This riverside residence was built for empty-nesters, but it was designed with family members and friends in mind.
Is it possible to make an 8,000-square-foot home feel like a gracious country house?
That was architect Todd Hansen's challenge when an empty-nester couple from Cannon Falls, Minn., asked him to design a house with room for children, grandchildren and indoor and outdoor entertaining.
The project, the Star Tribune/AIA Home of the Month by the Minneapolis architecture firm Albertsson Hansen, is indeed a comfortable and gracious retreat.
Hansen started with a 3½-acre site, a narrow strip of land above the bluff and below an old rail line, that presented both challenges and opportunities.
"It shaped our linear floor plan of interconnected rooms that parallel the [Cannon] river," he said.
The windows in almost every first- and second-floor room -- some have windows on three sides -- pull natural light deep into the home, and views range from the rushing river through the trees to a stone patio and pool to a woodsy landscape.
"When you're moving through the house, you feel like you're walking along the river," said project designer Mark Tambornino.
The first building visible when entering the wooded site looks like a barn, but it's a garage and pool house that shields the house and lap pool for privacy.
A walkway leads to a second garage attached to the home.
The buildings are stained jet black, a Scandinavian touch that lets them recede into the landscape and provides contrast to the home's sunlit interiors.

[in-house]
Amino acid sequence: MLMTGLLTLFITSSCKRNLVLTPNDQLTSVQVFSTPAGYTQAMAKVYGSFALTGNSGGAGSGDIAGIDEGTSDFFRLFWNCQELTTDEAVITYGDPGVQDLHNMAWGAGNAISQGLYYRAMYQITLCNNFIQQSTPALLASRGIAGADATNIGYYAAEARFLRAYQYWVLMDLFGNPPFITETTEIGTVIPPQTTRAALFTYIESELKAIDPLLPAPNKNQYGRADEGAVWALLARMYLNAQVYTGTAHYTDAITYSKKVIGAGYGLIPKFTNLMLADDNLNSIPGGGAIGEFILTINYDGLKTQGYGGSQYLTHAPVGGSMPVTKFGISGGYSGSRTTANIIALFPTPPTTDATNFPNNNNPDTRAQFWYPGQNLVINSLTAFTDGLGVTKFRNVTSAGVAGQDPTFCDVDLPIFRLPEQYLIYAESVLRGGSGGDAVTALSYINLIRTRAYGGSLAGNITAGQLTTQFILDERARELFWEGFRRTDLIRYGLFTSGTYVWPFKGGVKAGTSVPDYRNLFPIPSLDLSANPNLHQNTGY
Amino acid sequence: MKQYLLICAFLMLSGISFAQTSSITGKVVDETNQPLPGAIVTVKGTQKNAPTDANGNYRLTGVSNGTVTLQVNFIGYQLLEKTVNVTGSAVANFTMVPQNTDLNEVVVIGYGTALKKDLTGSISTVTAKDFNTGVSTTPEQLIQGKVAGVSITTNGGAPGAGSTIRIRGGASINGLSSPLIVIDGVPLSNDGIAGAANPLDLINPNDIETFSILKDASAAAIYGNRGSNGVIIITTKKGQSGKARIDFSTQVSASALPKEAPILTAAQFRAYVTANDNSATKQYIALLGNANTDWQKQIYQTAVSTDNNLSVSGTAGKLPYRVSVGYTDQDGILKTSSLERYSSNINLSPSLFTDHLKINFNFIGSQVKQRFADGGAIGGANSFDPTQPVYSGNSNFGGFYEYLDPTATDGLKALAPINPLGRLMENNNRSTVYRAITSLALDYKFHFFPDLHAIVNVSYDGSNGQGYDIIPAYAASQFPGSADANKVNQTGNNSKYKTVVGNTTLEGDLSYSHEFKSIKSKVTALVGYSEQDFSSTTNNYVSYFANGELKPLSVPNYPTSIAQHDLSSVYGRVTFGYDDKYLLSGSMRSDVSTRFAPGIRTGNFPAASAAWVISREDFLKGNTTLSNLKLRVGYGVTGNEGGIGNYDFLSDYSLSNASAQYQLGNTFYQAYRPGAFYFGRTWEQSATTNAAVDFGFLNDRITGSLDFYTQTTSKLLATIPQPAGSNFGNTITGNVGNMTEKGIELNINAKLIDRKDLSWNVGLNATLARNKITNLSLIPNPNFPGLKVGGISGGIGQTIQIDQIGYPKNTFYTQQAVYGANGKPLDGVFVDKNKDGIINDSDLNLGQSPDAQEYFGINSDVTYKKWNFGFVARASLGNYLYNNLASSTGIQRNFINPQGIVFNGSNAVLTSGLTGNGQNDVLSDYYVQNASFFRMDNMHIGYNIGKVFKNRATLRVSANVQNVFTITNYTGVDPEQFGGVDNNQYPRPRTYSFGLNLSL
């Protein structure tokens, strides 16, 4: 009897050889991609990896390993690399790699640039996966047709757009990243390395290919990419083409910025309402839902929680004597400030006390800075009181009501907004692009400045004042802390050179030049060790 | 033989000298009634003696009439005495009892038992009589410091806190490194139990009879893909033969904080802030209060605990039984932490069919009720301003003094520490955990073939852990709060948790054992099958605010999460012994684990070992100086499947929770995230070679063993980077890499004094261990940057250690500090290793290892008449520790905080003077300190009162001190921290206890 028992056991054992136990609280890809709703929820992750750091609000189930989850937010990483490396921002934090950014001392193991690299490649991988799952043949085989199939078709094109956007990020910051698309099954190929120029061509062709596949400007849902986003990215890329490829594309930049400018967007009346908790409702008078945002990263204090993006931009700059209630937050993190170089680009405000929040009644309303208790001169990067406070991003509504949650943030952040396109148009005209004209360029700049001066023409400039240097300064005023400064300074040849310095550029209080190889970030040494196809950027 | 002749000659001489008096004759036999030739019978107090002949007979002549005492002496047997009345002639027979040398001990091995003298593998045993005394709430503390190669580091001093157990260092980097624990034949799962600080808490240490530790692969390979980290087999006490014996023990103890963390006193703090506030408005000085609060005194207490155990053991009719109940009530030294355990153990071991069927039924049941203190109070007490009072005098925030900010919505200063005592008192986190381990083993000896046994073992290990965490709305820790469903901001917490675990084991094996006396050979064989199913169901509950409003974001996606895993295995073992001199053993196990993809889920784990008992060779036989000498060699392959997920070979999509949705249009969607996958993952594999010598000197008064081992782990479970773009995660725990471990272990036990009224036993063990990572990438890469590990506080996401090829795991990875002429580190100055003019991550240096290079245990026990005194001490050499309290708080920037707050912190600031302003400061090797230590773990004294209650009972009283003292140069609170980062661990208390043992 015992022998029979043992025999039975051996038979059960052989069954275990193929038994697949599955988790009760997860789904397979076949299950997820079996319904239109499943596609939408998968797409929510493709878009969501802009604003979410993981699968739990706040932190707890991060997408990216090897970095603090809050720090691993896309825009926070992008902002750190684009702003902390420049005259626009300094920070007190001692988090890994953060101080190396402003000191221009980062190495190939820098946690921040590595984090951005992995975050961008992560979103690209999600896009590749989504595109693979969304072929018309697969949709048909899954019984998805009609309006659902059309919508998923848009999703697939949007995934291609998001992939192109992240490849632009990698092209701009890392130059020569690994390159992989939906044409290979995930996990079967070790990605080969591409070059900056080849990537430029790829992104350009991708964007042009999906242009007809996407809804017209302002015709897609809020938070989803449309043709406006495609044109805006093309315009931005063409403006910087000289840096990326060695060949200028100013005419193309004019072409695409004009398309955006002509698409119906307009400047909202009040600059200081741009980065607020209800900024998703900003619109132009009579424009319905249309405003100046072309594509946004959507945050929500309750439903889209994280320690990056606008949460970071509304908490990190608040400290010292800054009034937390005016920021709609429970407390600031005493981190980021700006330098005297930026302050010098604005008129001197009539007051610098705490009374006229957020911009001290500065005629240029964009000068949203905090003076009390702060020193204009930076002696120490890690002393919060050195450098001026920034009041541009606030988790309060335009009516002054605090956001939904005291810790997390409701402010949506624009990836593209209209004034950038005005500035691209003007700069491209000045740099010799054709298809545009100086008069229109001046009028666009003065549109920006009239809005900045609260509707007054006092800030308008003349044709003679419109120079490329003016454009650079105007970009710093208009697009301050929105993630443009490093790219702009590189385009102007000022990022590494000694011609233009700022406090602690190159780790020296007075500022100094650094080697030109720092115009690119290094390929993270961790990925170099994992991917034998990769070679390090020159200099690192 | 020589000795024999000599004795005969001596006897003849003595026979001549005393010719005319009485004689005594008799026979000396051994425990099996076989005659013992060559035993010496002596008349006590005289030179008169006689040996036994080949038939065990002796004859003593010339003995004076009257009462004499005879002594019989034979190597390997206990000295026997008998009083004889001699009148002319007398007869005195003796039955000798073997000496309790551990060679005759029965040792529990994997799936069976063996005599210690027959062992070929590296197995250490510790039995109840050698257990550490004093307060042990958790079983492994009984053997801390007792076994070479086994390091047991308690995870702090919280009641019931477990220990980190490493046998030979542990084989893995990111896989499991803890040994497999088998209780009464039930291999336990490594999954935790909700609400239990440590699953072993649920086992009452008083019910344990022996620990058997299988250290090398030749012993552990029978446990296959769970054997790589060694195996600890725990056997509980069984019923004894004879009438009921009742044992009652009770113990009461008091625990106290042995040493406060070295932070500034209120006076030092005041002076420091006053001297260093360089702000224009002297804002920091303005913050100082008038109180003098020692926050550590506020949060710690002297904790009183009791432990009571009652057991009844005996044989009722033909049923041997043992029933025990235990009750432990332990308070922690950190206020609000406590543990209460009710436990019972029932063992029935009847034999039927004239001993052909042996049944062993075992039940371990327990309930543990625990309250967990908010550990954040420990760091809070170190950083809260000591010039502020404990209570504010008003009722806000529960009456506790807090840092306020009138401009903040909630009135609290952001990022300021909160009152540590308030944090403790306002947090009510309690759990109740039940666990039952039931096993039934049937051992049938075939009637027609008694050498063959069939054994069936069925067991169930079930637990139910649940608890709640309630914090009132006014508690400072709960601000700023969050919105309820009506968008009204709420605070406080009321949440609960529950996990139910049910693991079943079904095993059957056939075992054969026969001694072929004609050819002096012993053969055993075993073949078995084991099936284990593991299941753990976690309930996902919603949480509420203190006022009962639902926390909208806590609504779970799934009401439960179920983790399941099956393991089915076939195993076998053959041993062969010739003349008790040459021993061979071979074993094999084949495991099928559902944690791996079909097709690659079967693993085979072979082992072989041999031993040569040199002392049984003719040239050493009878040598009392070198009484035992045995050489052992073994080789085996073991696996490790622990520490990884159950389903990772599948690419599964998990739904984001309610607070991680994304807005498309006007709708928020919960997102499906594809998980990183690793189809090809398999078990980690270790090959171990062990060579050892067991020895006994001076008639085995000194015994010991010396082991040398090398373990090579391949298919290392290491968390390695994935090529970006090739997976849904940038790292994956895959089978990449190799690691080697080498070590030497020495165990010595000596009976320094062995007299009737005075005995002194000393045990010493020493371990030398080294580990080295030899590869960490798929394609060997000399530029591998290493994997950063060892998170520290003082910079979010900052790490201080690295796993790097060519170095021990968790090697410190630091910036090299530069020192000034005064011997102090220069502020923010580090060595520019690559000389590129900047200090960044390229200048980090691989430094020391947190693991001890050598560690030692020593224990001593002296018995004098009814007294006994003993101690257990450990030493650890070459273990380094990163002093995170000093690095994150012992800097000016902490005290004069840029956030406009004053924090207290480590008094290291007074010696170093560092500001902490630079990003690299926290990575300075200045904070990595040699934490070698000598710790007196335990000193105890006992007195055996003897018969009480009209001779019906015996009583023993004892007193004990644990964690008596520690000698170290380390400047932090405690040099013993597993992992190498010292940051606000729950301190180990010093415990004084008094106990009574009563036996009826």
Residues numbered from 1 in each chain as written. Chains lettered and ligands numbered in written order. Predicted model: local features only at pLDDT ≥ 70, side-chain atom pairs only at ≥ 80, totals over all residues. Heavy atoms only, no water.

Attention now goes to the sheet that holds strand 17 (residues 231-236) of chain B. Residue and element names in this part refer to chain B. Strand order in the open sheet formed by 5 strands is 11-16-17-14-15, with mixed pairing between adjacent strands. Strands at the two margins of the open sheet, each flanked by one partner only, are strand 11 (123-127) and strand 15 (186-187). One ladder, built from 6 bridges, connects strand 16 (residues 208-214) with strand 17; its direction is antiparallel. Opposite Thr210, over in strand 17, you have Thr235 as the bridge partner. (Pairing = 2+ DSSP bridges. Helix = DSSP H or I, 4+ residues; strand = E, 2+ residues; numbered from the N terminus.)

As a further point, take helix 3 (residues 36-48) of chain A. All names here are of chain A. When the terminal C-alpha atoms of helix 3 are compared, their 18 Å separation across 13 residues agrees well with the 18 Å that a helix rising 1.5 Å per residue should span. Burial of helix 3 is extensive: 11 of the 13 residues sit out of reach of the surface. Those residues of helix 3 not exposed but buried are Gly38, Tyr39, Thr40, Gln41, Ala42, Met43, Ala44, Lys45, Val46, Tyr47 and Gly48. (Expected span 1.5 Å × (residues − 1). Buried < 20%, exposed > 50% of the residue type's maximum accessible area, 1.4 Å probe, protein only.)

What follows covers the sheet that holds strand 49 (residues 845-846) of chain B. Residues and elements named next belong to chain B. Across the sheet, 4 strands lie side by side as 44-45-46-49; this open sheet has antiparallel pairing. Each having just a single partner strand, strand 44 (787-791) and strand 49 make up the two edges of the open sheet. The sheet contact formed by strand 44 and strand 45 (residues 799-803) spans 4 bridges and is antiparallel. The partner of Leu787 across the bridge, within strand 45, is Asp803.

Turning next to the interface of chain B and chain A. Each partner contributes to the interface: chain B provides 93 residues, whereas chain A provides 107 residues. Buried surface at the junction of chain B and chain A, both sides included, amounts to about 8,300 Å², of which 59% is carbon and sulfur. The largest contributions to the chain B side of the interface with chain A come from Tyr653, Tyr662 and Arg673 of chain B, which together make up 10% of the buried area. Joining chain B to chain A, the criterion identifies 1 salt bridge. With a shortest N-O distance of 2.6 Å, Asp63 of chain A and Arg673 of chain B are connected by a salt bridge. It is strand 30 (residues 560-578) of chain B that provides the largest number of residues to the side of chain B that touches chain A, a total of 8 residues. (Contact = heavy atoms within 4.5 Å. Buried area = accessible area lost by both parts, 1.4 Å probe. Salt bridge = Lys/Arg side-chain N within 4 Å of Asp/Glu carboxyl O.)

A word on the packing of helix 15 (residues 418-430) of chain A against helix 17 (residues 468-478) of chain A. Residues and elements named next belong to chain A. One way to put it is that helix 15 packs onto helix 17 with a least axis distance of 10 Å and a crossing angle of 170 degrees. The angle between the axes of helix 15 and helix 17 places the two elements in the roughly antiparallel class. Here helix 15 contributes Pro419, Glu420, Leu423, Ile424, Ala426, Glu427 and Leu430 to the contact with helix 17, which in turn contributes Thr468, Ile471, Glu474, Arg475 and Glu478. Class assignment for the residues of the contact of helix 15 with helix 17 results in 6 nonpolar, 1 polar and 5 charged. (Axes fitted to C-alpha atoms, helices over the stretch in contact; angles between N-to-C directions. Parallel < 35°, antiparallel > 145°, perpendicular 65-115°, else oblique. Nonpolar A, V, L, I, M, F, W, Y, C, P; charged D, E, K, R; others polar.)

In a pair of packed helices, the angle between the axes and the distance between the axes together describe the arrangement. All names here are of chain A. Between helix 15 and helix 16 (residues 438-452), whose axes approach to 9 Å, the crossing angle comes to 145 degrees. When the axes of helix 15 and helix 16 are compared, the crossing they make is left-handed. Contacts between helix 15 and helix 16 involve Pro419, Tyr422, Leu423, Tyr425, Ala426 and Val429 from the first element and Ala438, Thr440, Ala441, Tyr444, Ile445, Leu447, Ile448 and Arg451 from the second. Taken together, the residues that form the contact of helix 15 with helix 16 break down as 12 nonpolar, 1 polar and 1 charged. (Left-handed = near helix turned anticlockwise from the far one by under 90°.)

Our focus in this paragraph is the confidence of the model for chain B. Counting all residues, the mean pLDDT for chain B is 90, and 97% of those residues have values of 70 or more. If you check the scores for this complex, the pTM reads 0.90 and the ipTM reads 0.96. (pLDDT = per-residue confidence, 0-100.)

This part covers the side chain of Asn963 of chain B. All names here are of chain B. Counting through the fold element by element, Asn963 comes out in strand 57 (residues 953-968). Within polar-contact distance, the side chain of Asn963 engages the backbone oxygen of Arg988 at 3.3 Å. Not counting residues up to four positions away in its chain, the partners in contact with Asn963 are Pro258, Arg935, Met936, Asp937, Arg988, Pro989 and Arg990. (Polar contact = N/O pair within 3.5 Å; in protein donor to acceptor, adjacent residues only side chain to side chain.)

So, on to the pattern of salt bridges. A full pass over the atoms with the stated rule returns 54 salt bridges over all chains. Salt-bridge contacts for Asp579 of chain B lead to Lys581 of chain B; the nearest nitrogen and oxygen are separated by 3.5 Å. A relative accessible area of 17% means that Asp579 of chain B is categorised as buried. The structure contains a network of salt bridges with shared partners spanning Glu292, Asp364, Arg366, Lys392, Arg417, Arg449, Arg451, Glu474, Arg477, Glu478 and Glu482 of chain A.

Hansen's plan includes a main-floor owner's suite, ample space to entertain (a dining room big enough for a table that seats 12), several upstairs bedrooms, a mother-in-law apartment and scores of display cubbies to show off the homeowners' vintage home goods and antiques.
And most important, it showcases the river and the woods.
As for architectural style, "the clients didn't want it to be formal, grand or pretentious," Hansen said.
His team took an eclectic approach and integrated elements of a contemporary East Coast country dwelling, as well as northern European and classic American farmhouse influences.
The casual, welcoming center foyer divides two wings -- one for common living spaces such as the family room, and the other for an ultra-private master suite that includes a screen porch and study.
An out-of-view staircase leads to the second floor mother-in-law apartment that's accessible by elevator. There's also an exercise room and bedrooms and bathrooms for relatives and friends who sometimes stay the weekend.
To create warmth and character, rooms are framed with an abundance of hand-crafted millwork. The walls are covered in painted wood paneling that Hansen calls "not formal, but casual and rural in character."Despite the home's size, it's far from an imposing structure and people feel incredibly comfortable and at ease," Hansen said.
The homeowners grew up in the Cannon Falls area, which is about 60 minutes south of the Twin Cities, and raised their sons along the Little Cannon River.
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